Showing posts from May, 2006
Da Vinci Code -- The Movie

Well, I saw it last night. My friend, Rabbi Arthur Gross-Schaefer, invited me to join him at the movie and then a conversation about the movie afterwards. So, what do I think? Without spoiling the surprise -- there are some differences between the movie version and the original. It seems that Ron Howard tried to soften the edge of the book by making the character of Robert Langton less committed to either the divine feminine principle and Priory of Sion. That is left to Leigh Teabing -- who ultimately is the bad guy. Opus Dei comes off poorly, as does the Catholic Church -- except that Howard again softens things by suggesting that the bad guys are a small council operating on its own to keep the Priory of Sion underground. The ending is different as well from the book -- but I won't give that away if you've not seen it.

The issues remain, however, the way Dan Brown either does not know the history of Christianity or has chosen to play fast and loose w…
American Gospel -- by Jon Meacham

Jon Meacham's new book, American Gospel, is a truly important work. Whether religious or secular, Christian or not, it is a truly valuable introduction to the relationship of religion and American cultural and political life. Check out my review of the book on the Disciples World web site:

Meacham is Managing editor of Newsweek Magazine. Thanks also to Rebecca Woods of Disciples World for asking me to write the review.
Published in the Lompoc Record
Sunday, May 21, 2006
Faith in the Public Square
Cracking the Code -- the Da Vinci Code, That Is!

Three years on the bestseller lists, now a major motion picture directed by Ron Howard and starring Tom Hanks, Dan Brown’s The Da Vinci Code is a can’t miss block-buster. This mystery-thriller takes on the Roman Catholic Church, Opus Dei, and Christianity in general, while mixing in the Knights Templar, Masons, Gnosticism, the Holy Grail, and famous works of art. The book and its conspiratorial claims have drawn a great crowd of fans and elicited a considerable industry of critical responses.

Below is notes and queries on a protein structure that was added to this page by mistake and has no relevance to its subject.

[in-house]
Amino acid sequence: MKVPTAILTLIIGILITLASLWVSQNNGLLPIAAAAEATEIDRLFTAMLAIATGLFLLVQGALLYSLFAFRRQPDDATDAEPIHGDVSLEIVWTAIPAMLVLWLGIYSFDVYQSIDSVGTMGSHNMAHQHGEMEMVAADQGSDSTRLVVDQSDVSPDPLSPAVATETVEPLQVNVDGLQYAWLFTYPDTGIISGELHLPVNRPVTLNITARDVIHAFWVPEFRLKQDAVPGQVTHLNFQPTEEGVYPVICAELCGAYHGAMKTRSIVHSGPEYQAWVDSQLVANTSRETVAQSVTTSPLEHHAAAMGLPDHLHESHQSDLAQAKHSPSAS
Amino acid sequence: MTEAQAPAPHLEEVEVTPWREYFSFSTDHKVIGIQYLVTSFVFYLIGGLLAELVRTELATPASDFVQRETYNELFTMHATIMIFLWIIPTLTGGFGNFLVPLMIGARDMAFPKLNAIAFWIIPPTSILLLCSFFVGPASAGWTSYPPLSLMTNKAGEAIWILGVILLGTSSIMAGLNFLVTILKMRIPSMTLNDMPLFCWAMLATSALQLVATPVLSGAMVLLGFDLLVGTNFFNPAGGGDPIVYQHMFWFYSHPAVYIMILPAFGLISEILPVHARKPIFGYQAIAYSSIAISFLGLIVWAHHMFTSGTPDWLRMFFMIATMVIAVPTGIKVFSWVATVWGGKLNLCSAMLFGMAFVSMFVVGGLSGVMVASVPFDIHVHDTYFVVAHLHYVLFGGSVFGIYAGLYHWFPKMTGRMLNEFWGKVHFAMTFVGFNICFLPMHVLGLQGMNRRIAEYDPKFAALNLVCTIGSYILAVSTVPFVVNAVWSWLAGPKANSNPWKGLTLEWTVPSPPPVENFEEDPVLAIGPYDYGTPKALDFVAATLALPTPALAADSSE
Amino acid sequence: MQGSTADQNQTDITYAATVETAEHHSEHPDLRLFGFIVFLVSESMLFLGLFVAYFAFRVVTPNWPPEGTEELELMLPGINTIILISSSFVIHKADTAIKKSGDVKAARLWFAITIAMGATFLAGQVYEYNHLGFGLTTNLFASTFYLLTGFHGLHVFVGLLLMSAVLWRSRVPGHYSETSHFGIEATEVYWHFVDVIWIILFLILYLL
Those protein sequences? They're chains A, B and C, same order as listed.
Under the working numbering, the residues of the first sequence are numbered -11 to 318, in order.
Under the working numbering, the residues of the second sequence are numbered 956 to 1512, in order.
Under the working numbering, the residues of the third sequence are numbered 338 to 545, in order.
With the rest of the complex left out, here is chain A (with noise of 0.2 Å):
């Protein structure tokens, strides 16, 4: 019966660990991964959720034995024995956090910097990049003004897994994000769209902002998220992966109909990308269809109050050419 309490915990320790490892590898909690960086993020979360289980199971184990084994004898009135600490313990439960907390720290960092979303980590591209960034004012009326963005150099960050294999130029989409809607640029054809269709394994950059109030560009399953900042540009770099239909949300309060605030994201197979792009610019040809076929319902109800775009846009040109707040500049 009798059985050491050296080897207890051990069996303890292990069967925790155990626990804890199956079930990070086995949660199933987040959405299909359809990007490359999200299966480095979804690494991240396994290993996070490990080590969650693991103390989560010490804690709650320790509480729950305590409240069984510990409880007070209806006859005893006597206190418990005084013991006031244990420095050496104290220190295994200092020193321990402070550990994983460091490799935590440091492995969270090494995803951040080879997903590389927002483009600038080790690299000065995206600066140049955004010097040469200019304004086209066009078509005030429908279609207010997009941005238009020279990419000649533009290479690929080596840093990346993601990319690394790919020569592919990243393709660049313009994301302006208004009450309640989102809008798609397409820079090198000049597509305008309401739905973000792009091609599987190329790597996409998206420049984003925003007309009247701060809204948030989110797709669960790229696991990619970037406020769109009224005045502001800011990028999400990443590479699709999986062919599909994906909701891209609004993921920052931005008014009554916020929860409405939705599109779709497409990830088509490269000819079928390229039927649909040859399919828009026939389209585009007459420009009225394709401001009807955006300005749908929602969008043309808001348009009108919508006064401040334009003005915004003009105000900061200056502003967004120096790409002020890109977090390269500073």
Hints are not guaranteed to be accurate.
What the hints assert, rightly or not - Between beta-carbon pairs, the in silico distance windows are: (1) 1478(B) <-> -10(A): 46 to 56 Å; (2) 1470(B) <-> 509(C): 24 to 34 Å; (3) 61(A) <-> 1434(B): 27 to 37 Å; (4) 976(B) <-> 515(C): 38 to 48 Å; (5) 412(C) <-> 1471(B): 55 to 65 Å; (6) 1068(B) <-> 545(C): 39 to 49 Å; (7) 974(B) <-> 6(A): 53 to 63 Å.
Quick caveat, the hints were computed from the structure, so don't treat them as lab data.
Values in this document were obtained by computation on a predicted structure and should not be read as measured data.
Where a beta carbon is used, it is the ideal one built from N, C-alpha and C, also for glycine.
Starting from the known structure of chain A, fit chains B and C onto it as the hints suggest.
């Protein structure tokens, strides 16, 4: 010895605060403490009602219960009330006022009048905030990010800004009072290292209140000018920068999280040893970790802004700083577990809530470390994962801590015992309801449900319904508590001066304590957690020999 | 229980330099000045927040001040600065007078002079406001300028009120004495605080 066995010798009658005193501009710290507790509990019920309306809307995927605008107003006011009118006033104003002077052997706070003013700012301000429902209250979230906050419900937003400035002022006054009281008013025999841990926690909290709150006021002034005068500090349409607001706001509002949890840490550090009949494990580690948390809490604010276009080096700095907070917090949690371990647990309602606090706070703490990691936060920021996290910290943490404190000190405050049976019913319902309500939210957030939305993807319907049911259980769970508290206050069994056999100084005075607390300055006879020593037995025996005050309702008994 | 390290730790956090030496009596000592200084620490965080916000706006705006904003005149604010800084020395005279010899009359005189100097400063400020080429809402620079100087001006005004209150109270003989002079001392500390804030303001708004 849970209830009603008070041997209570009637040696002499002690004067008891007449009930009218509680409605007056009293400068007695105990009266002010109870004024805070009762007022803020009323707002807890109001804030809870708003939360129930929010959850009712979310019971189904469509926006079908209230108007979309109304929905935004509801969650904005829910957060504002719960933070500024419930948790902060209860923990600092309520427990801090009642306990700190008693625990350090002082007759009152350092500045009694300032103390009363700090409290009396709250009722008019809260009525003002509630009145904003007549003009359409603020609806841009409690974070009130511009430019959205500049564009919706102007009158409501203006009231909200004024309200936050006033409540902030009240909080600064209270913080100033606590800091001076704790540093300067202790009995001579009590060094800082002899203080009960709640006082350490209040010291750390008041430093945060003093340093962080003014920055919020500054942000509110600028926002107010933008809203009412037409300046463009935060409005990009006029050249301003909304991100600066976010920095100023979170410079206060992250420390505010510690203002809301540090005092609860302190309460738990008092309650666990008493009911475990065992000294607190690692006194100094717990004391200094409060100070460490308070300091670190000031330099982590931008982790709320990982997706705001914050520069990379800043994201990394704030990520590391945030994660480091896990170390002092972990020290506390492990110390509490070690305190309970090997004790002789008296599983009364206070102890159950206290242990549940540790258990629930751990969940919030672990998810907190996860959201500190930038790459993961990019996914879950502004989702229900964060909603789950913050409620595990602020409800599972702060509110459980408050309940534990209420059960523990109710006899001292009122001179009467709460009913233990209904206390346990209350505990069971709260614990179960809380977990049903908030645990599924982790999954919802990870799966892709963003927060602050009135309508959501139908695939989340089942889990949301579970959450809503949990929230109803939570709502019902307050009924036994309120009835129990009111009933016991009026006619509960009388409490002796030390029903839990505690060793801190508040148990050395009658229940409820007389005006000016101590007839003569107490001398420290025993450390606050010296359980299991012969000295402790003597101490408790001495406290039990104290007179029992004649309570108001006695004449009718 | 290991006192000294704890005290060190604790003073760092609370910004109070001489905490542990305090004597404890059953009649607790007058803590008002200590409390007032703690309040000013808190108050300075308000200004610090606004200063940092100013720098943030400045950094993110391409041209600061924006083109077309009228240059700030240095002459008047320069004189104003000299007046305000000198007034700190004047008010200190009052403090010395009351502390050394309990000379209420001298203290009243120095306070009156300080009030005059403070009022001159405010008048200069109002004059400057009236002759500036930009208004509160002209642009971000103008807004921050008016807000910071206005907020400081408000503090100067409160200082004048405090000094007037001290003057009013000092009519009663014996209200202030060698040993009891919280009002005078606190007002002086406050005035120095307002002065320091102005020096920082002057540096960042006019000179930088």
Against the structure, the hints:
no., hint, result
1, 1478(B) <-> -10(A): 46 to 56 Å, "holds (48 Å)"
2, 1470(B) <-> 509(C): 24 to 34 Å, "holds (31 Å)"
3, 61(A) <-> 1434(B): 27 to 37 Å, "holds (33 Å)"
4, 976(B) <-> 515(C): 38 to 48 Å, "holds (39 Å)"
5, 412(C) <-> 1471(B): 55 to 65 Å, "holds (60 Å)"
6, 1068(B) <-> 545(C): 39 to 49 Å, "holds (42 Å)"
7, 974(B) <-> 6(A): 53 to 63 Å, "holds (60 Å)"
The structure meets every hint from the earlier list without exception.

As a piece of literature, The Da Vinci Code doesn’t rank with Steinbeck or Updike, but something about the storyline is intriguing. The story centers on a secret that if exposed would rock Christianity to its very foundations. The secretive "anti-Catholic" Priory of Sion guards this explosive secret, which a conservative Roman Catholic group – Opus Dei – is willing…
Presidents, Religion, and Moral Values

With the Republican Party making great hay on the issues of moral values and family values, I was pleased to read Jimmy Carter's new book that responds by offering a counterpoint. In a sense, George W. Bush and Jimmy Carter offer two perspectives on how Christians should view themselves and their relationship to the nation and to the world. Both perspectives have long standing presence. I recently wrote a piece on this topic for the Lompoc Record -- which has now gotten picked up by Sojourners -- a voice for the other side of things.

Take a look:
Ten Commandments Day

A group of mostly conservative Christians (with a few conservative Jews thrown in) declard today to be the first annual Ten Commandments Day. It's really a politically motivated effort to try to pursue causes that include but don't end at public display of the Ten Commandments. As a Christian I'm all for the Ten Commandments, but I also know that their value comes in relationship with the covenant making God who called the people of Israel out of the bondage of slavery and set them free to become a nation who would walk in relationship with God. As a Christian, I find myself within this people of God only by adoption.

Anyway, if you're interested, I took another stab at the Ten Commandments today in my Lompoc Record column. Why not take a peek and let me know what you think.
Our Covenant Relationships

Today I had the opportunity to share in a clergy retreat with Dr. Michael Kinnamon -- Disciple theologian, ecumenist, and professor at Eden Theological Seminary. Michael came to talk to us about our covenant relationships as the Christian Church (Disciples of Christ) -- of which church I'm a pastor. He spoke to us about the centrality of covenant language to our existence as a church, and our abysmal record of living out or even understanding those relationships.

As a church we have seen ourselves as being in covenant relationship but too often we operate as autonomous entities with no real forms of mutual accountability present. Congregations tend to flout their autonomy -- saying that the General Church and Regions can't speak for them or even to them. Ultimately this is a question of wrestling with issues of authority -- how do we keep each other accountable without either hierarchy or coercion. As a pastor there is the question of how I speak and …